Advertisement / More and more people decide to live vegan, whether for ethical, ecological or health reasons. With the trend towards veganism, the food supplement industry is also booming.
But what really makes sense, which supplements do you really need?
What prejudices vegans have to deal with every day, I have explained already here in detail.
Stating vegans are basically exposed to the danger of nutrient deficiency is simply wrong. There are indeed some nutrients that can be neglected in a vegan lifestyle, but through a balanced and wholesome diet these are usually sufficiently added to the body.
Vitamin B12 Spray
Vitamin D3 with K2
MSM, Jing and Reishi (Medicinal Mushrooms and Tonic Herbs) – More information here
Only with vitamin B12 is the use of dietary supplements absolutely necessary, since it (almost) does not occur in vegetable food.
We only need it in very small quantities (approx. 3 mg/day), but these are indispensable. It protects nerve cells and blood vessels and promotes blood formation in the bone marrow. At intake, much of it is stored in the liver and kidneys.
Neither humans, animals nor plants are able to produce vitamin B12 themselves. It is synthesized exclusively by certain microorganisms that occur either in the digestive tract of certain herbivorous animals (e.g. ruminants) or on plants.
Theoretically, we could take it up through plant foods to which the microorganisms adhere – but only if we did not wash them and consume them together with soil. That’s not really an option, of course.
For this reason, vegans and people who consume very little meat and dairy products should definitely take vitamin B12.
Vitamin D deficiency affects mood. Unfortunately, it is almost non-existent in plant foods, except in avocados and certain fungi.
The majority of our vitamin D reserves are produced by sunlight. It is therefore important to spend a lot of time outside during the warm season to replenish your vitamin D reserves. During long dark winter months it can come despite reserves to a lack – not only with Veganism. In this case, vitamin D capsules or drops can help you as a dietary supplement.
Zinc is not found in large amounts in plant foods (as far as can be detected, vegetarians have similar zinc status to non-vegetarians). It is important for immunity and if you find you’re easily catching colds, a modest zinc supplement might solve the problem.
Iron is a nutrient used to make new DNA and red blood cells, as well as carry oxygen in the blood. It’s also needed for energy metabolism.
Vegans not getting enough iron from their diets should consider fortified foods or a supplement. However, overly high levels can be harmful and iron supplements are not recommended for everyone.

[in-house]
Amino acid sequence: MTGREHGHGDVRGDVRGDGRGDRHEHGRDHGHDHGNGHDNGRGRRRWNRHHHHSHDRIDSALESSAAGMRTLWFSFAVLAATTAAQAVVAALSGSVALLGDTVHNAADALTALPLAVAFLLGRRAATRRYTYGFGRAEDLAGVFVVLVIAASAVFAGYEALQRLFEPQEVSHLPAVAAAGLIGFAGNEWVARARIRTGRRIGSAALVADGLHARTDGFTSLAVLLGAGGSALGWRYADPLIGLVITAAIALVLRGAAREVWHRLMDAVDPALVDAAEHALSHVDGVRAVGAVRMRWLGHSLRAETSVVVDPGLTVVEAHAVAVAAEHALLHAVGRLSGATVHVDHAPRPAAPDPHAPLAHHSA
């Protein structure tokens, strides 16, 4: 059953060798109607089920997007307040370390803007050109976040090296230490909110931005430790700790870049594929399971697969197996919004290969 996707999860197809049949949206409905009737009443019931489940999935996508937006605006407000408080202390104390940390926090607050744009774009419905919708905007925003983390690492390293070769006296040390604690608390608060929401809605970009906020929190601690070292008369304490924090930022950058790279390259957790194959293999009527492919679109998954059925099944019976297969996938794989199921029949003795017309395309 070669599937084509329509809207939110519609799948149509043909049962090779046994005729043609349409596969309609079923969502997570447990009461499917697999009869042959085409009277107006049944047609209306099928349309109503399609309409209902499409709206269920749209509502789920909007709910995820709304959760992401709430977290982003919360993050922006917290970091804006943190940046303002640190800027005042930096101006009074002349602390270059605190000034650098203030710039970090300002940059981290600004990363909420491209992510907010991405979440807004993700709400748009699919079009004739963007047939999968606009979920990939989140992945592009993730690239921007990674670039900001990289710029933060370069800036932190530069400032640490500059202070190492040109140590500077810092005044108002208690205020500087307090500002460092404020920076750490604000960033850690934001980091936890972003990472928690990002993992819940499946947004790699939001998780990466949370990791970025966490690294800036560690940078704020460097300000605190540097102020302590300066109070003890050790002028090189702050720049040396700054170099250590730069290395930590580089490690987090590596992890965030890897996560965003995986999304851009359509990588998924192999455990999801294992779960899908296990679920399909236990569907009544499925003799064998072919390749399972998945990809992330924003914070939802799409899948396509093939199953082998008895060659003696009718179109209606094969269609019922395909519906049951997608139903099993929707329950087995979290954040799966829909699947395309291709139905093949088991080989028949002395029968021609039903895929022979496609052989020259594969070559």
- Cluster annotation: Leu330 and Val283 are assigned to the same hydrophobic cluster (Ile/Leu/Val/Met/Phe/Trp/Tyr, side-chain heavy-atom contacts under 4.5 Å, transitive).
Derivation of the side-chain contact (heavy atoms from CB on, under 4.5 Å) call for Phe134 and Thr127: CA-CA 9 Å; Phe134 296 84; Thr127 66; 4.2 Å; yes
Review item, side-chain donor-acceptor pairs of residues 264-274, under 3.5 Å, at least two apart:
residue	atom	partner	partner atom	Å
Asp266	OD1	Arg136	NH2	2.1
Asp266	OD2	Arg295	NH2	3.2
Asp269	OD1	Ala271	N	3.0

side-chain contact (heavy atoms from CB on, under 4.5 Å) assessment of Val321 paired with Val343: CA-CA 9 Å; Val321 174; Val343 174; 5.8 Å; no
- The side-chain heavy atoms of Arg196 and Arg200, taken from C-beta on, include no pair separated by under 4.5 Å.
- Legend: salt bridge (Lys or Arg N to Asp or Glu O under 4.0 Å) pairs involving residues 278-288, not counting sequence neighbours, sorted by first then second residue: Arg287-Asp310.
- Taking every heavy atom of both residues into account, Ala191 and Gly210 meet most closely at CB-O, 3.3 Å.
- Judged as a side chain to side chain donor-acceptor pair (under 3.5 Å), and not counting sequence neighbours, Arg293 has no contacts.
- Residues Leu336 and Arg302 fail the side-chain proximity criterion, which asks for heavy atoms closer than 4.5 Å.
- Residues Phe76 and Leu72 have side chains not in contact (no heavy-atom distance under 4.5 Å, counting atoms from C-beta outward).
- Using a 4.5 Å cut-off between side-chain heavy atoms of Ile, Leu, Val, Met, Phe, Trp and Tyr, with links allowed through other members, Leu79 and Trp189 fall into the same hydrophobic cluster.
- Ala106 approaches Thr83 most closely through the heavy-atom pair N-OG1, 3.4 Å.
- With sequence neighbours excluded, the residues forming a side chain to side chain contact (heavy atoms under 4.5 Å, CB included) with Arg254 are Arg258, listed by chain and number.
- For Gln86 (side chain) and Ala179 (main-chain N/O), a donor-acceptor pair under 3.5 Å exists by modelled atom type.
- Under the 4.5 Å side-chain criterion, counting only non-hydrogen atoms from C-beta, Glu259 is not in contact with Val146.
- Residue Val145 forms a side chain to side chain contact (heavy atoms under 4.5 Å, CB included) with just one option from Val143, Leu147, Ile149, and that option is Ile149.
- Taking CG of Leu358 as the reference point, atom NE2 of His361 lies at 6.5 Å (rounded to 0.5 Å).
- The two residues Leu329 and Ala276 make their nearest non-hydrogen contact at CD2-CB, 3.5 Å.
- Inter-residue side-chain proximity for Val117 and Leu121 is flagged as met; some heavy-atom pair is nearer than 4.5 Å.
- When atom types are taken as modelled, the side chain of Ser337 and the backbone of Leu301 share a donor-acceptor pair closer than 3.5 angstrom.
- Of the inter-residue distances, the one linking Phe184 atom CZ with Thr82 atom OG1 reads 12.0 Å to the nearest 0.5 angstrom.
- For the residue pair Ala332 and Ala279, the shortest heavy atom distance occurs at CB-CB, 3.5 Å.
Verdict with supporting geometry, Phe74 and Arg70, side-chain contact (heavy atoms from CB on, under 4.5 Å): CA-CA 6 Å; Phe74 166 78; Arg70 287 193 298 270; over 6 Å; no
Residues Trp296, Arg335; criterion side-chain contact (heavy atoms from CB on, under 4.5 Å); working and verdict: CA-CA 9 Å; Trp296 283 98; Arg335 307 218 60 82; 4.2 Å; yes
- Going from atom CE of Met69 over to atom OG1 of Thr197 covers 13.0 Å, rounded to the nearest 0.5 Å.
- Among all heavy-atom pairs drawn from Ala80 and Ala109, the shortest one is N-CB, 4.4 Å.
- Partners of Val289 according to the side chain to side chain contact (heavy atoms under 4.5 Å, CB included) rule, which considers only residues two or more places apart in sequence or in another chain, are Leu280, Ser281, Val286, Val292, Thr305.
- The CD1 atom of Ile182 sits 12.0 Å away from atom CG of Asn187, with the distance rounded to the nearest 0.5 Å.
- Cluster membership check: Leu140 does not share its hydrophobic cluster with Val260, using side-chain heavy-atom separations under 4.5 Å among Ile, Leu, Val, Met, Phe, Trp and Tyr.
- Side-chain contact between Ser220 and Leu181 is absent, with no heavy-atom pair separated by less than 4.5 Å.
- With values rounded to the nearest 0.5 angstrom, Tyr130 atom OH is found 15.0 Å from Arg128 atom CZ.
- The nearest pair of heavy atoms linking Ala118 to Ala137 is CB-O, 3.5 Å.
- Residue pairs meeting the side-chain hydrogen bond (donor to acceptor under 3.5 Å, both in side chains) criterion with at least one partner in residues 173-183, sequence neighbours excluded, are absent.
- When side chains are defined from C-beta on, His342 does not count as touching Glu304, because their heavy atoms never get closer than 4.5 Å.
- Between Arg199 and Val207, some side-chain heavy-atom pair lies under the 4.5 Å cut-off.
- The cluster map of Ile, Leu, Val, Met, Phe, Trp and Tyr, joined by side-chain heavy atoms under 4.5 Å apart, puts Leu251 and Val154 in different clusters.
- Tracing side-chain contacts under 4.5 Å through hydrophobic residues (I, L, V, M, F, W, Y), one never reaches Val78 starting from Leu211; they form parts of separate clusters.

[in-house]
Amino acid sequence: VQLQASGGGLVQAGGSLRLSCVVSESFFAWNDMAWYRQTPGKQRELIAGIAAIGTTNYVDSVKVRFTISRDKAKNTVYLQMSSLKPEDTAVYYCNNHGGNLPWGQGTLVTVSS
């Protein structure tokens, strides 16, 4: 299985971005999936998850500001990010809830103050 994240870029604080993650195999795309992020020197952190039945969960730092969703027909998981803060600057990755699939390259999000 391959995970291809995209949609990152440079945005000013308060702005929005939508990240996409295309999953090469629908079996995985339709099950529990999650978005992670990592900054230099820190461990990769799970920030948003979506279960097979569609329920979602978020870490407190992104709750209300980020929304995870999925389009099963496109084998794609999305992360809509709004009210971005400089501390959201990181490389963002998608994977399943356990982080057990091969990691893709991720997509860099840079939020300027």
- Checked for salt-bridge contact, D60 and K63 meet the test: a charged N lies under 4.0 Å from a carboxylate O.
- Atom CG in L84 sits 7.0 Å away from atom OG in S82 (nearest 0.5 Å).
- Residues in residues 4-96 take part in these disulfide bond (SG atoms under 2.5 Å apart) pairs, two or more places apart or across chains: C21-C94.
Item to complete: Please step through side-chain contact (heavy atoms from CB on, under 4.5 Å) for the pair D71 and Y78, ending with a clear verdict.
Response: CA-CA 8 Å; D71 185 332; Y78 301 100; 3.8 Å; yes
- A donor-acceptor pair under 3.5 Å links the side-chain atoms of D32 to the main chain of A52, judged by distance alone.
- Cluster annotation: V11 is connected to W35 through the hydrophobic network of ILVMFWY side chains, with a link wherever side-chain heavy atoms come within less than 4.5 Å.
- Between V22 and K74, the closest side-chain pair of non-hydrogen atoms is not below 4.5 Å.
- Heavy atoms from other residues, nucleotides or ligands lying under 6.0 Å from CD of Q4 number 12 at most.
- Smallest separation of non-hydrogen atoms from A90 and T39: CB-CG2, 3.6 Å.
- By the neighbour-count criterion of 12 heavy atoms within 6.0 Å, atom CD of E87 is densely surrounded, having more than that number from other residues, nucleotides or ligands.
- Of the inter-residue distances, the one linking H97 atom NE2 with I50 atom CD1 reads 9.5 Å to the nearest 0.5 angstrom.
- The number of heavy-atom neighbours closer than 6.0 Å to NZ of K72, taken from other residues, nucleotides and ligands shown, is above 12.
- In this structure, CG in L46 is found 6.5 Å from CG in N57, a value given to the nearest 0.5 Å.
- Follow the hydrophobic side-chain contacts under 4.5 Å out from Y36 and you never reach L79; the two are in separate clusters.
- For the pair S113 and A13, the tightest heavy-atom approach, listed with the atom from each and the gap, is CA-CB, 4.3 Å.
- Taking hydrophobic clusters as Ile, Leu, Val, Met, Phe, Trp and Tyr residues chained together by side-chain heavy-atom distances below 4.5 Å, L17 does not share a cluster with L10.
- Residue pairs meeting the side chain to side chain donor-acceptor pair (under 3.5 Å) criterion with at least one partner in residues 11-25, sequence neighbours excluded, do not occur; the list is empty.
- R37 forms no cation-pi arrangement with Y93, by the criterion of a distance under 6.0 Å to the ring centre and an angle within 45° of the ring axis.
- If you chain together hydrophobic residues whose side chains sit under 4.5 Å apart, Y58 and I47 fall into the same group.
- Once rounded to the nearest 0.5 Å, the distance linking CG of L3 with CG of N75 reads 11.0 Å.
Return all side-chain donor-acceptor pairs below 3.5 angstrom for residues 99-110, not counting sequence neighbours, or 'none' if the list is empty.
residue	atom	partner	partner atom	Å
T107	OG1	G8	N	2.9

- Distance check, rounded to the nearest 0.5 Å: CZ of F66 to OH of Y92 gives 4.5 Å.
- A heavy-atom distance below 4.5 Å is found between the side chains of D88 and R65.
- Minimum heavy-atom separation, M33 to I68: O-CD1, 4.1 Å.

Omega 3 fatty acids play a structural role in your brain and eyes. Adequate dietary levels also seem important for brain development and preventing inflammation, depression, breast cancer and ADHD.
Plants with a high ALA content include flaxseeds, chia seeds, walnuts, hemp seeds and soybeans. EPA and DHA are mostly found in animal products such as fatty fish and fish oil.
The best source is actually algae. Yep, algae, the underwater plant that many fish eat (this is likely where they get so much omega-3, so by consuming it, you’re going straight to the source).
Maca, an organic superfood treasure of South America, has gained a reputation for helping balance hormones. It does not contain any hormones, but rather it contains the nutrients necessary to support normal hormone production. It has also been used as a way to increase fertility. It is naturally high in minerals (calcium, potassium, iron, magnesium, phosphorus and zinc), up to 20 essential fatty acids, lipids, fiber, carbohydrates, protein, and amino acids.
The main argument against vegan nutrition and for meat consumption is often cited as the need for protein, especially among athletes. There are two things that are forgotten.
Herbivorous animals – Even those from whom the flesh comes, have built up these muscles through vegetarian diets. So if you go back in the food chain, plants are always the basis
Proteins consist of amino acids. Essential amino acids must be ingested with food and they occur exclusively in plants.
Vegetable protein is therefore very valuable for our body. We can consume this via protein-rich plant foods, e.g. pulses, soya, oilseeds … If you only consume these foods rarely or reluctantly, you can incorporate vegan protein powder as a dietary supplement (pea powder, hemp or soya protein).
CBD is not recognised as a medicine, it is considered to have many positive effects on the body and mind. The active ingredient is perceived as analgesic and anti-inflammatory and can alleviate symptoms of epilepsy, depression as well as anxiety and sleep disorders.
Sometimes CBD is even attributed with a positive influence in the fight against cancer cells.
Anyone who eats one-sidedly and predominantly from processed foods, whether vegan or not, cannot absorb enough nutrients and must expect deficiency symptoms. Lots of fresh fruit and vegetables, herbs, wholemeal cereals, legumes and nuts bring variety to your plate and enough vitamins for you, etc.
Seasonal, regional foods are best suited for this because fruit and vegetables lose nutrients through long storage and transport. In addition, our planet already offers a great variety that is just waiting to be discovered